I was a vegetarian for 6 weeks when I was 19. It was a confusing, misguided time for me. I was dating a young man who didn’t eat meat, and, well … who hasn’t done something stupid for a boy? When he broke up with me, I treated myself to a dinner out: bacon-wrapped shrimp followed by a rack of baby-back ribs. I might have had a pork chop for dessert. I don’t really remember (it was, after all, ages ago).
The thing I realized as I nibbled on those ribs- or the thing I had started to realize at least (because I wouldn’t really get the message until I met Rand) is that you’ve got to be yourself, and you have to find someone who will love you for it. In my case, being myself involves eating meat. It’s not something that I hide from, it’s not something that I’m ashamed of.
I’ve understood from a tender young age what the consequences of my actions are. When I was four or five, I told my mother I wanted some of my aunt Maria’s chicken, and as we drove away from my auntie’s house, I saw her catching the bird in her front yard that we would later eat. Later, she brought it over to our house, cooked and cleaned and cut up, in an old margarine tub. I peeled back the lid and peaked inside and I understood: this was the chicken that I had seen running around before. Even the feet were in there, and this didn’t alarm me at all. In fact, they were favorite part.
There was no denying it: my desires had ended that chicken’s life. I had literally asked for it, and I had gotten it.
That’s how it went in my family. There was no pussy-footing the matter. My grandmother was constantly defrosting enormous blocks of meat which were threatening to overflow our freezer. She and my mother would cook up animal parts most Americans toss out. Pig’s feet. Snout. Tripe. I ate it all. There was no such thing as a vegetarian in my house. I had never even heard the word applied to a human until high school (before then, only certain animals could be vegetarian. Not people).
From snout to tail and everything in between, including entrails, I’ve eaten it. Over the years, I consumed a veritable Noah’s ark of creatures. Duck. Rabbit. Gator. Goat. Quail. Tiny baby squid and octopus. Caribou. Partridge. Elk. Kangaroo. And, most recently, guinea pig.
Yes, guinea pig. Or, as they are known in Peru, cuy.
Thanks to Anthony Bourdain, I knew before arriving in Peru that guinea pig was part of the traditional cuisine, especially in rural areas. The guinea pig originated in the Andes. And I did not think twice about eating one while I was there. When in Peru, eat like a Peruvian.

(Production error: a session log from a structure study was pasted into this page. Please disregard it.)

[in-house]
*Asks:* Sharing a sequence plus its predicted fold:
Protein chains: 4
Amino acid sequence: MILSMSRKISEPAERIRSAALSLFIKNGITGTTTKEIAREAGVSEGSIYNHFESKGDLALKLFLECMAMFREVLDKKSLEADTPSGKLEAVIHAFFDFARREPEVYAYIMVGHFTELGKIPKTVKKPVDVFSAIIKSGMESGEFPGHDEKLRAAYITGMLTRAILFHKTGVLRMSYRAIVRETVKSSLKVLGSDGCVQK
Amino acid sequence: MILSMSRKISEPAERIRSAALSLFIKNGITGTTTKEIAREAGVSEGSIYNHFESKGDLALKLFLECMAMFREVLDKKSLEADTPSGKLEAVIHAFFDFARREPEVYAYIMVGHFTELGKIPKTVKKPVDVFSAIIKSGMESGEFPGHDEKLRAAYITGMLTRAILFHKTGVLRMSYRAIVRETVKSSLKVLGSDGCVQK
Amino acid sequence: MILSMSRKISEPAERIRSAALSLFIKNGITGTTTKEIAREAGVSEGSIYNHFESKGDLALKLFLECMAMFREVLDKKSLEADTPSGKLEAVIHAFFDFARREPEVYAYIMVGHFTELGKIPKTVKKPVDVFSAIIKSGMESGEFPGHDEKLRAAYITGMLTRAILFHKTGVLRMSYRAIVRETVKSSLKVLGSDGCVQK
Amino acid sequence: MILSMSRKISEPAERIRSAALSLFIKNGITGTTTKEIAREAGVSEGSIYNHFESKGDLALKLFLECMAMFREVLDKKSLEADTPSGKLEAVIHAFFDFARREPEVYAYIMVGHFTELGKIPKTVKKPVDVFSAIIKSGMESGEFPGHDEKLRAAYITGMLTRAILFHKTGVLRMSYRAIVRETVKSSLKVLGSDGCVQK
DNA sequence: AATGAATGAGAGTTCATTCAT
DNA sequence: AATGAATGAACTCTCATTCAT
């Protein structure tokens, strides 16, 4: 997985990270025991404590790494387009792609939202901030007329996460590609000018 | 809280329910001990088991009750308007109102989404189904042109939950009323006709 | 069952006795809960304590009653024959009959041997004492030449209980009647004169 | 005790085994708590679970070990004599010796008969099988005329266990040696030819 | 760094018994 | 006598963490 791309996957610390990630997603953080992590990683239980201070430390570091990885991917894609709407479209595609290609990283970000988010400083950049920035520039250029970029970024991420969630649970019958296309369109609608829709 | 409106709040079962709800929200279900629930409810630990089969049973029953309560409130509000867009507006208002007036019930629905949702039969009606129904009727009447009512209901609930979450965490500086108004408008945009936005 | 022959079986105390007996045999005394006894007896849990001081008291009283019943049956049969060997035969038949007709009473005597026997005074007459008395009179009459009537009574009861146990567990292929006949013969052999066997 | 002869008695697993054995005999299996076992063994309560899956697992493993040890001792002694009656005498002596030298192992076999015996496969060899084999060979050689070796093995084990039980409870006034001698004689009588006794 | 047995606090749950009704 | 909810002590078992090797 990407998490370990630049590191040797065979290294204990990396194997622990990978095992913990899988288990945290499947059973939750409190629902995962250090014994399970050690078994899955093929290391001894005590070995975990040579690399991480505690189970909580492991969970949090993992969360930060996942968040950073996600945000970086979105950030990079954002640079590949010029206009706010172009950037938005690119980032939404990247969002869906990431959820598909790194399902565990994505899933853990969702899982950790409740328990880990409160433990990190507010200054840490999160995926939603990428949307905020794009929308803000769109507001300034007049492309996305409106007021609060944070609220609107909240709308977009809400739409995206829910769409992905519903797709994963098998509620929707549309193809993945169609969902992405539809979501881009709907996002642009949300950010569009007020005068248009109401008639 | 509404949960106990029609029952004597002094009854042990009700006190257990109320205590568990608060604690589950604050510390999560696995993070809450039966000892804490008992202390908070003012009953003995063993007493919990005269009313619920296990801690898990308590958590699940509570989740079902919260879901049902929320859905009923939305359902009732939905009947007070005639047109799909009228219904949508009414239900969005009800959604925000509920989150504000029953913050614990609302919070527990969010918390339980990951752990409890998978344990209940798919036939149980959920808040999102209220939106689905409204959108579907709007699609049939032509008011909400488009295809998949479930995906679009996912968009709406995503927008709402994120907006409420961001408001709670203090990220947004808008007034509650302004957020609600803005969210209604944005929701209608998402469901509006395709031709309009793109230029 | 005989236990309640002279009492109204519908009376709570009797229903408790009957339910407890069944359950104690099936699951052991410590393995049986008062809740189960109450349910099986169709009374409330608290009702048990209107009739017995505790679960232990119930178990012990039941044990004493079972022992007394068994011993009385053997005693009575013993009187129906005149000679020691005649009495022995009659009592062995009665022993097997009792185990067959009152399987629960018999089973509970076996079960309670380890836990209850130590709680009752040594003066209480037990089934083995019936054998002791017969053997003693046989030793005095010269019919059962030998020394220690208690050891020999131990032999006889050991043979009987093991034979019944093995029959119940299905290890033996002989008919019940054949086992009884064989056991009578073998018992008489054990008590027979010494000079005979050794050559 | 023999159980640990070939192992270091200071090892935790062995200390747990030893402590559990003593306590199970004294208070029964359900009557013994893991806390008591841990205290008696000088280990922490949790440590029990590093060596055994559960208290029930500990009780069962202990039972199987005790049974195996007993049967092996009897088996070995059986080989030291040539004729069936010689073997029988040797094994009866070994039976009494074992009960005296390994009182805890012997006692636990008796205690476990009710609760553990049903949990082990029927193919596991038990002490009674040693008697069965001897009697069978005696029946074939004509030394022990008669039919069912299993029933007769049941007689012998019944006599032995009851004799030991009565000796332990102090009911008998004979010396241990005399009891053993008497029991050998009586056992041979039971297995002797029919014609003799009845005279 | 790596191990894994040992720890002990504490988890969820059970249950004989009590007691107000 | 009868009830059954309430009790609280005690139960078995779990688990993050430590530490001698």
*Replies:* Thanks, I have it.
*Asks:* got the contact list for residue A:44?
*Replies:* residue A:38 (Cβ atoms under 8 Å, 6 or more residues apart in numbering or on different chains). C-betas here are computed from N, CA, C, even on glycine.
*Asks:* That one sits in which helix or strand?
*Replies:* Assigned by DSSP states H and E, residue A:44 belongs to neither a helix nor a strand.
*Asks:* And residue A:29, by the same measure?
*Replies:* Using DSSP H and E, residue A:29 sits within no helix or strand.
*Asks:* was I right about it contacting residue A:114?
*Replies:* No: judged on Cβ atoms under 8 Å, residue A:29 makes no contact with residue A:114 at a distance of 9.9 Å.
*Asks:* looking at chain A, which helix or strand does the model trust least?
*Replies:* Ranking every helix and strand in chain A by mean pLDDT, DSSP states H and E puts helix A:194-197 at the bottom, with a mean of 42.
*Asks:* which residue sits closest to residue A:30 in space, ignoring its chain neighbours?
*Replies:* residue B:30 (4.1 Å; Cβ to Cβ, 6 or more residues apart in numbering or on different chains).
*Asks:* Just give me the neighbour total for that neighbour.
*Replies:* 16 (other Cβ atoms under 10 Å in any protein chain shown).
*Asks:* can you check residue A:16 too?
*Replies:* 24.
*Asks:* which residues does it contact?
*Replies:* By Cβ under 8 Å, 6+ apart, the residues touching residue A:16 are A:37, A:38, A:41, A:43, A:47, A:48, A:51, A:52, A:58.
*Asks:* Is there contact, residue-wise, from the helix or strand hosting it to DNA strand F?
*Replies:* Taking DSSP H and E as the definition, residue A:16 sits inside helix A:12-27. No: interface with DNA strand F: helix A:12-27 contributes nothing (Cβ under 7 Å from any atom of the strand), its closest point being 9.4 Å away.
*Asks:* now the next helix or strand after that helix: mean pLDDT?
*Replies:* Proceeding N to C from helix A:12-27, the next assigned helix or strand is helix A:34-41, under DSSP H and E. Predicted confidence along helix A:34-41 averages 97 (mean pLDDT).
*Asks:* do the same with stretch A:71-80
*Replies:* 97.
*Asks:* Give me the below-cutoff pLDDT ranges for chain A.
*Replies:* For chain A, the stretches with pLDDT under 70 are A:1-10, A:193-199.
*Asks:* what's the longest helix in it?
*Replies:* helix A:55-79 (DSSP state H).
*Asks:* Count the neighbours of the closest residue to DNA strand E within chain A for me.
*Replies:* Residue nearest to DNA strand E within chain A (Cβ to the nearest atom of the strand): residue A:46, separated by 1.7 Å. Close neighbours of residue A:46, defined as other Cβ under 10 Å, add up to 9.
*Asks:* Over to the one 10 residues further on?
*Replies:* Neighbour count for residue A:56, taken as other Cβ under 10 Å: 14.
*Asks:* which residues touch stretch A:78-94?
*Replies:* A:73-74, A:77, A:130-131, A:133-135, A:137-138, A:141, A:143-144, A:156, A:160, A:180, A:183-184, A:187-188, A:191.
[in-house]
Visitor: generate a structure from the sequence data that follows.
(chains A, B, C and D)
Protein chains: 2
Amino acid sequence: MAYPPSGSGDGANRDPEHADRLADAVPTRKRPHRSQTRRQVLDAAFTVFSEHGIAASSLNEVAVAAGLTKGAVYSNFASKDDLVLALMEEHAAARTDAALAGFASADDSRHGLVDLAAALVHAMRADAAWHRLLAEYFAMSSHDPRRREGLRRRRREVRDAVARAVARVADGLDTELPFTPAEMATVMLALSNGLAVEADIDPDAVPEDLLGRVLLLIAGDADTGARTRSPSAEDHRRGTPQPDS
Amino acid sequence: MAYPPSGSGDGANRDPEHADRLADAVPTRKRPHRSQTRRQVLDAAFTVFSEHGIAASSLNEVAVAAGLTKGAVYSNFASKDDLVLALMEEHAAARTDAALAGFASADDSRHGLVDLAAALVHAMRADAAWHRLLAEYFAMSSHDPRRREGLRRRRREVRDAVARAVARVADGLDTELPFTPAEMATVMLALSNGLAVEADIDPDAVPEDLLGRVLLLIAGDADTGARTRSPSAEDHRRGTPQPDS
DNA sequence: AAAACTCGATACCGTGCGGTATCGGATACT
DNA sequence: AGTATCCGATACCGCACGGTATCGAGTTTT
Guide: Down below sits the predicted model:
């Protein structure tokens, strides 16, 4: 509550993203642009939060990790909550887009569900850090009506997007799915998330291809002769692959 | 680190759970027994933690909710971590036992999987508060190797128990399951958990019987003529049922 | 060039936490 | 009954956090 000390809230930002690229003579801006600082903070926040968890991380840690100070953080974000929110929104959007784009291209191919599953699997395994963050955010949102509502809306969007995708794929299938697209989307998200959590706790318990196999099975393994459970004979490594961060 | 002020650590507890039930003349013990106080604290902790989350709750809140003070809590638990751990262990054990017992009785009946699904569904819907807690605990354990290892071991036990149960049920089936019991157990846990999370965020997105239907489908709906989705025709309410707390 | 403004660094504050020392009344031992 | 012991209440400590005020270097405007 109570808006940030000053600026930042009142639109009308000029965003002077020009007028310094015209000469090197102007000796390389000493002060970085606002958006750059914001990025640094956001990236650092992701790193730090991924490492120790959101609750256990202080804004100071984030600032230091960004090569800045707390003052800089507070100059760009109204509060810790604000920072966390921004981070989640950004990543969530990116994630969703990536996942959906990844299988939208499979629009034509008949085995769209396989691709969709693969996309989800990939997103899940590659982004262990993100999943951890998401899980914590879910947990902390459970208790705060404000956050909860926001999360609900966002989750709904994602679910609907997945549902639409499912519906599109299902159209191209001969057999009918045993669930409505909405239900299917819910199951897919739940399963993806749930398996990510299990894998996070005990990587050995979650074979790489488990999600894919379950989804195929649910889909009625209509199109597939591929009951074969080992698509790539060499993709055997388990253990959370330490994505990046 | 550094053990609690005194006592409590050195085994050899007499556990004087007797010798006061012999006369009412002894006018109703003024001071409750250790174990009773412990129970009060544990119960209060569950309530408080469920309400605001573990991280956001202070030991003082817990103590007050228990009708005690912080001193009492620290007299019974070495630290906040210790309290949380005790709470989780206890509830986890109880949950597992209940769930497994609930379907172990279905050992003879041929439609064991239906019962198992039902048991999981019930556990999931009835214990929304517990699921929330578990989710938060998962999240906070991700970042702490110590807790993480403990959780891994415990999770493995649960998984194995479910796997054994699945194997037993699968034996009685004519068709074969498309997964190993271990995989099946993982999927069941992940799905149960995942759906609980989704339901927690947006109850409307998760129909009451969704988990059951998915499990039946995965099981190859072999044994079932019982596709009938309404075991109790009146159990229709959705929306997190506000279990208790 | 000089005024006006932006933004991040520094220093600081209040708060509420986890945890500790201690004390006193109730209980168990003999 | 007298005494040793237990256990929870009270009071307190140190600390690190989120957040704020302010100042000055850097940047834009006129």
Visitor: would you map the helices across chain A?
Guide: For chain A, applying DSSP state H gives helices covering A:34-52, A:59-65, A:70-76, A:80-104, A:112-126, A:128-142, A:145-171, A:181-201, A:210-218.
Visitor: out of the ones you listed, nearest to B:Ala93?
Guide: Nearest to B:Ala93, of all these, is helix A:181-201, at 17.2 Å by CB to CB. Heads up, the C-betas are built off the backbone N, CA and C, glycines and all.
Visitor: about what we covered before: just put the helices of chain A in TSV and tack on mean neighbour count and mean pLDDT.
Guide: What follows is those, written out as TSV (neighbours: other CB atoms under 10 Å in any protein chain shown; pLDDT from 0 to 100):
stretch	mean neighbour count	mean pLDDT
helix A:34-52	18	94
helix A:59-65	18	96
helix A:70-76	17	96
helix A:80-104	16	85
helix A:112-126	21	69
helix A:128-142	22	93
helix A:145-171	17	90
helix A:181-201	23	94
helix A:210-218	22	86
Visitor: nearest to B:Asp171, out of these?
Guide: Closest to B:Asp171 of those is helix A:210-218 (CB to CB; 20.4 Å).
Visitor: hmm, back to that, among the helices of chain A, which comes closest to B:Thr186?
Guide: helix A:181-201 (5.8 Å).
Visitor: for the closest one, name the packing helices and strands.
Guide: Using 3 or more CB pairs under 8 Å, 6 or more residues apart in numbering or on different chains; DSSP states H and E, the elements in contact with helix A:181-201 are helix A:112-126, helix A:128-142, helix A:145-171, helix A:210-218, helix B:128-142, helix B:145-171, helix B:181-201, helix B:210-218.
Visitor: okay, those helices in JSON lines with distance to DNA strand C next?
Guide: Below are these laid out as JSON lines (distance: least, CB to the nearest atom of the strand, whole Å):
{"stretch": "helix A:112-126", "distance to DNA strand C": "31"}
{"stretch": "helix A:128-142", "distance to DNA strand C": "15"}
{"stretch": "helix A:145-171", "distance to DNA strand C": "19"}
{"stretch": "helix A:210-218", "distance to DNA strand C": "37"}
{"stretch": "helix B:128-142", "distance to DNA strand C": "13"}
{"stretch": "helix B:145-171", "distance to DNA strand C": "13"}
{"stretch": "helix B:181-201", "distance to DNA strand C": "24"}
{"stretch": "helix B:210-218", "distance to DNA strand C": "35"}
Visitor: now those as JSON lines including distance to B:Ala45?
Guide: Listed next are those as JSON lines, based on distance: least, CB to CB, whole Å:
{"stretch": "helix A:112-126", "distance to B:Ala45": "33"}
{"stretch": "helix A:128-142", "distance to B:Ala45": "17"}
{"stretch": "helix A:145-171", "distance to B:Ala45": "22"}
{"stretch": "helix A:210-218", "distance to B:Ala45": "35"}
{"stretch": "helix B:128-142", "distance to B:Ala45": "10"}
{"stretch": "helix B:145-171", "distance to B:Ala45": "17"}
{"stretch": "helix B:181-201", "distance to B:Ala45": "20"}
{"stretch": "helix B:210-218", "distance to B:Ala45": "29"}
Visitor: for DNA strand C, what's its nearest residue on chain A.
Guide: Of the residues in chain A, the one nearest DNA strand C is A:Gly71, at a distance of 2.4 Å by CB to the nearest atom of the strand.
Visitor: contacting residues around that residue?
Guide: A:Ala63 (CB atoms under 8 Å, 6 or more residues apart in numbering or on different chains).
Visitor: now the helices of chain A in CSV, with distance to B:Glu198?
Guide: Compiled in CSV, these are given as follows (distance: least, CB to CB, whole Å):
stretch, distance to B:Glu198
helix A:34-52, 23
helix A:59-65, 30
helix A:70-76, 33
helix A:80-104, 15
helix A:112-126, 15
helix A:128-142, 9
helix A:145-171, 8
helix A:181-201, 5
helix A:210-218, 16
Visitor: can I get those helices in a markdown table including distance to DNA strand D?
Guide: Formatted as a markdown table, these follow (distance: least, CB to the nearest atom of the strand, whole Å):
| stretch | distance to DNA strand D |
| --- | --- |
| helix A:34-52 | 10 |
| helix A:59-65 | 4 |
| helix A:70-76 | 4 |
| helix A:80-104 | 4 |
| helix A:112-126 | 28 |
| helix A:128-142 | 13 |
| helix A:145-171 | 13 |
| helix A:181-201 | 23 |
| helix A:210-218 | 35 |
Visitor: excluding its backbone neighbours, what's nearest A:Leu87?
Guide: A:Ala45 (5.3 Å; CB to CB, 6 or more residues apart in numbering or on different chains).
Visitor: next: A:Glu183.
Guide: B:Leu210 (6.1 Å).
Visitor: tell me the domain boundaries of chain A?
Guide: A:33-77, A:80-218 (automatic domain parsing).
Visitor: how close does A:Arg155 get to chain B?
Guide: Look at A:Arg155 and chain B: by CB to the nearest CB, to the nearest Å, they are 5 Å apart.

Yes, guinea pigs are often kept as pets in the states. But so are rabbits, and I eat those. And I eat loads of chicken – which was my mother’s pet of choice when she was a little girl (odd duck, that mom of mine).
Besides, my philosophy on meat-eating is pretty simple: you can’t be hypocritical. You can’t eat chicken breasts, individually packaged and sealed (so far removed from the animal it once was that you can almost pretend it was grown like a plant) and then refuse to eat meat on the bone. You can’t eat cheeseburgers and then turn up your nose at tripe. You don’t have to like everything, but if you eat meat, you have to at least be willing to try everything. It’s all or nothing (with exceptions, of course, for dietary restrictions and religious beliefs).
Plus, how can you say you visited a country until you eat the regional cuisine?
So I tried cuy. Twice no less. I ordered it at Cicciolina, an upscale Peruvian restaurant in Cuzco. I was slightly disappointed that the cuy came picked off the bone – it could have been any type of meat, really. Still, it was delicious. My dish had shredded guinea pig meat spiced with mint and apples, placed upon a terrine of mashed Andean potatoes.
The dish was fantastic. Savory and sweet all at once. The acidity of the apples cut the potatoes and meat perfectly. The cuy itself was moist, sweet, and mild in flavor. It reminded me of shredded duck, or dark meat turkey. I found it wasn’t particularly gamey – guinea pigs aren’t the most active of animals, it seems.
We enjoyed that meal at Cicciolina so much, we went back a second time, and I ordered cuy again. This time it was roasted on the bone, atop a paella-style rice dish. It had less flavor that the other cuy I had tried, but the texture was fantastic – a crispy and crackly exterior and moist inside.
Did I think about the fuzzy animals that died in order for me to enjoy these meals? Absolutely. But it’s something I think about before I consume meat. It’s something I make myself think about. It’s my modern-day equivalent of watching my aunt catch that chicken. I know it was once alive, I know it’s dead, I know I’m the reason.
And I keep doing it. I try to honor the sacrifice the little creature made by making sure that the bones are picked clean, that the meal is enjoyed (though that probably brings them little comfort). I think about it and I appreciate it, but I don’t really feel guilty. At least, not enough to stop eating meat. Perhaps it’s wrong. But it’s who I was raised to be. It’s who I am.
And fortunately there’s someone who will love me for being exactly that.